French drains require no electricity to operate, but rather rely on gravity for power. Properly installed, maintenance is low. The one essential ingredient necessary to build a French drain is an area of land, ditch or stream that lays at a lower elevation than the flooded area. If one of them is available nearby, planning and installing a French drain is relatively simple for a knowledgeable and skilled builder. The key to a successful French drain installation is finding the path of least resistance for the problem water to follow.

The first planning step is to find the lowest elevation level of the standing water (“the problem area”) and to locate the elevation of the drainage area or drainage stream. The second step is to map out a path for a ditch that will travel from the problem area to the drainage area. The final planning step is to calculate the average slope of the ditch (determined by dividing the length of the ditch by the total difference between the two elevations).

Once planning for the French drain is complete, installation can begin. The first step is to dig the ditch in accordance with the plan. As the ditch is being dug, the accuracy of the slope must be checked frequently. Any inaccuracy in slope must be addressed by evening out the bottom of the trench. Any areas that are too high must be lowered and any areas that are too low should be filled with crushed rock. This process is called grading. Three-quarter inch minus ( 3/4″- ) crushed rock is a common choice for grading the bottom of the drainage trench. The bottom of the drainage trench should also be tamped.

Once the trench is sloped correctly and tamped sufficiently, a 4”-diameter perforated drainage pipe should be placed carefully into the graded drainage trench. The perforations should be placed facing up. The source end of the pipe should curve up above ground level and it should be installed with a removable cap. This will allow the pipe to be cleaned out if should ever become plugged.

Next, the drainage pipe should be surrounded with 1 ½” round river rock for the entire length of the drainage trench. It is best to cover the round rock and drainage pipe with rolled drain trench barrrier paper. Commonly available at building supply stores, this paper will help keep top soil from filtering down into the drainage trench and into the drain pipe.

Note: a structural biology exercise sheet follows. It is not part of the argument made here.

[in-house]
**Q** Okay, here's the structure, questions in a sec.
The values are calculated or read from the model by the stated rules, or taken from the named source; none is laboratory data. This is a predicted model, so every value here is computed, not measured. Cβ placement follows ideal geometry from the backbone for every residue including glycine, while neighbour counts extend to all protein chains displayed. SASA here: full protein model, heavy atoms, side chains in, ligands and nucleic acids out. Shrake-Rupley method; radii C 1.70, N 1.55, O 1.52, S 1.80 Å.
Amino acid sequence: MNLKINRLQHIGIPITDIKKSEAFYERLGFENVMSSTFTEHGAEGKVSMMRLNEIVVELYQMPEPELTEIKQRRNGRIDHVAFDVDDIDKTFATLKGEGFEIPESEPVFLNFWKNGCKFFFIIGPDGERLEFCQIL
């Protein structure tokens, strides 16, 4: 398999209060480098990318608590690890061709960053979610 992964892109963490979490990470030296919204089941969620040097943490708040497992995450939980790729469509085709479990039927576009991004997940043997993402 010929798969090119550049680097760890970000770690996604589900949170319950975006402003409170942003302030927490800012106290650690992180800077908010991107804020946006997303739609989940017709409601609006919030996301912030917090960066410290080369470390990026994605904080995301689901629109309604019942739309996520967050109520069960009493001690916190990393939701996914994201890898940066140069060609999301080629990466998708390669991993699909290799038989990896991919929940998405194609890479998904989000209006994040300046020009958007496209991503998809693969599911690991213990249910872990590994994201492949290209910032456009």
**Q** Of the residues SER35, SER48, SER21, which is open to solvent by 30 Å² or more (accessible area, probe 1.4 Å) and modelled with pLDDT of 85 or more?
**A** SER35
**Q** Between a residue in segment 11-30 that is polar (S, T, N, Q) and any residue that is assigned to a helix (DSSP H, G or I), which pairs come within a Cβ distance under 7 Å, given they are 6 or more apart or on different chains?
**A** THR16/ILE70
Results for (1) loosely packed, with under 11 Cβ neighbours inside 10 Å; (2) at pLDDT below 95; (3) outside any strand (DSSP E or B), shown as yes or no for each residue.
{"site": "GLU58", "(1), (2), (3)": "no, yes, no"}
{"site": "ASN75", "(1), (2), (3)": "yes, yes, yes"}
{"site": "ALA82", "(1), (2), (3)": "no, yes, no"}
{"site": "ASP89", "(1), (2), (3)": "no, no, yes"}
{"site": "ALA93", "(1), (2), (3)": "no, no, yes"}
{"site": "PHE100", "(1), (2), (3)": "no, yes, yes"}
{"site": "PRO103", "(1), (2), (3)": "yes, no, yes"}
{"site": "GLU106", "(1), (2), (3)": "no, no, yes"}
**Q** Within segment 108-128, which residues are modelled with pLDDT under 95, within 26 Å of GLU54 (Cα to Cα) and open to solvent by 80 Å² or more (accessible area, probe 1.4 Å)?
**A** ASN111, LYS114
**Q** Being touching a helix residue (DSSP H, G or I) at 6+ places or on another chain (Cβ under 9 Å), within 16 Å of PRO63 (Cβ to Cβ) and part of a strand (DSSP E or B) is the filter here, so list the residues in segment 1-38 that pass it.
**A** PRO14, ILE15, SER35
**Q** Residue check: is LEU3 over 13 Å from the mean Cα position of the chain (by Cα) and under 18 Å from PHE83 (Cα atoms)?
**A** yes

The final step is to back fill top soil into the last 2” at the top of the drainage trench to restore the original vegetation that was displaced by the new French drain.

Hiring a Contractor

Tuesday, June 23rd, 2009

When hiring a contractor the best place to start is with your friends and family and then check in with the Oregon Construction Contractors Board.  See if the contractors that you have heard about are licensed. Read about their history, too.  Once the field is narrowed,  call a few and talk to them about what you want to do.   I recommend that you have a list of positive attributes that are on a  “must  and wants” list.  Have the list at hand when you call.  Which contractors meet the criterial on your list?   Are they capable, good communicators, have references, enthusiastic about working  on your project?  If more than one contractor meets your requirements, pick the one that you feel most comfortable with.  That is important,  because you may be starting a new life long friendship. 

 By the way, if you have a project in mind, I would be very pleased to discuss it with you.  

You can reach Dan at    541 510-7442  .

Danger when Digging

Thursday, June 18th, 2009

If you are planning on digging you should always get approval from the city and utility services.  You never know where a gas or water line might be hiding.  Even if you are only digging a hole for a fence post it is imperative to know where these lines are.  Underground utilities can be your worst nightmare.

Check back frequently for more tips.

Dan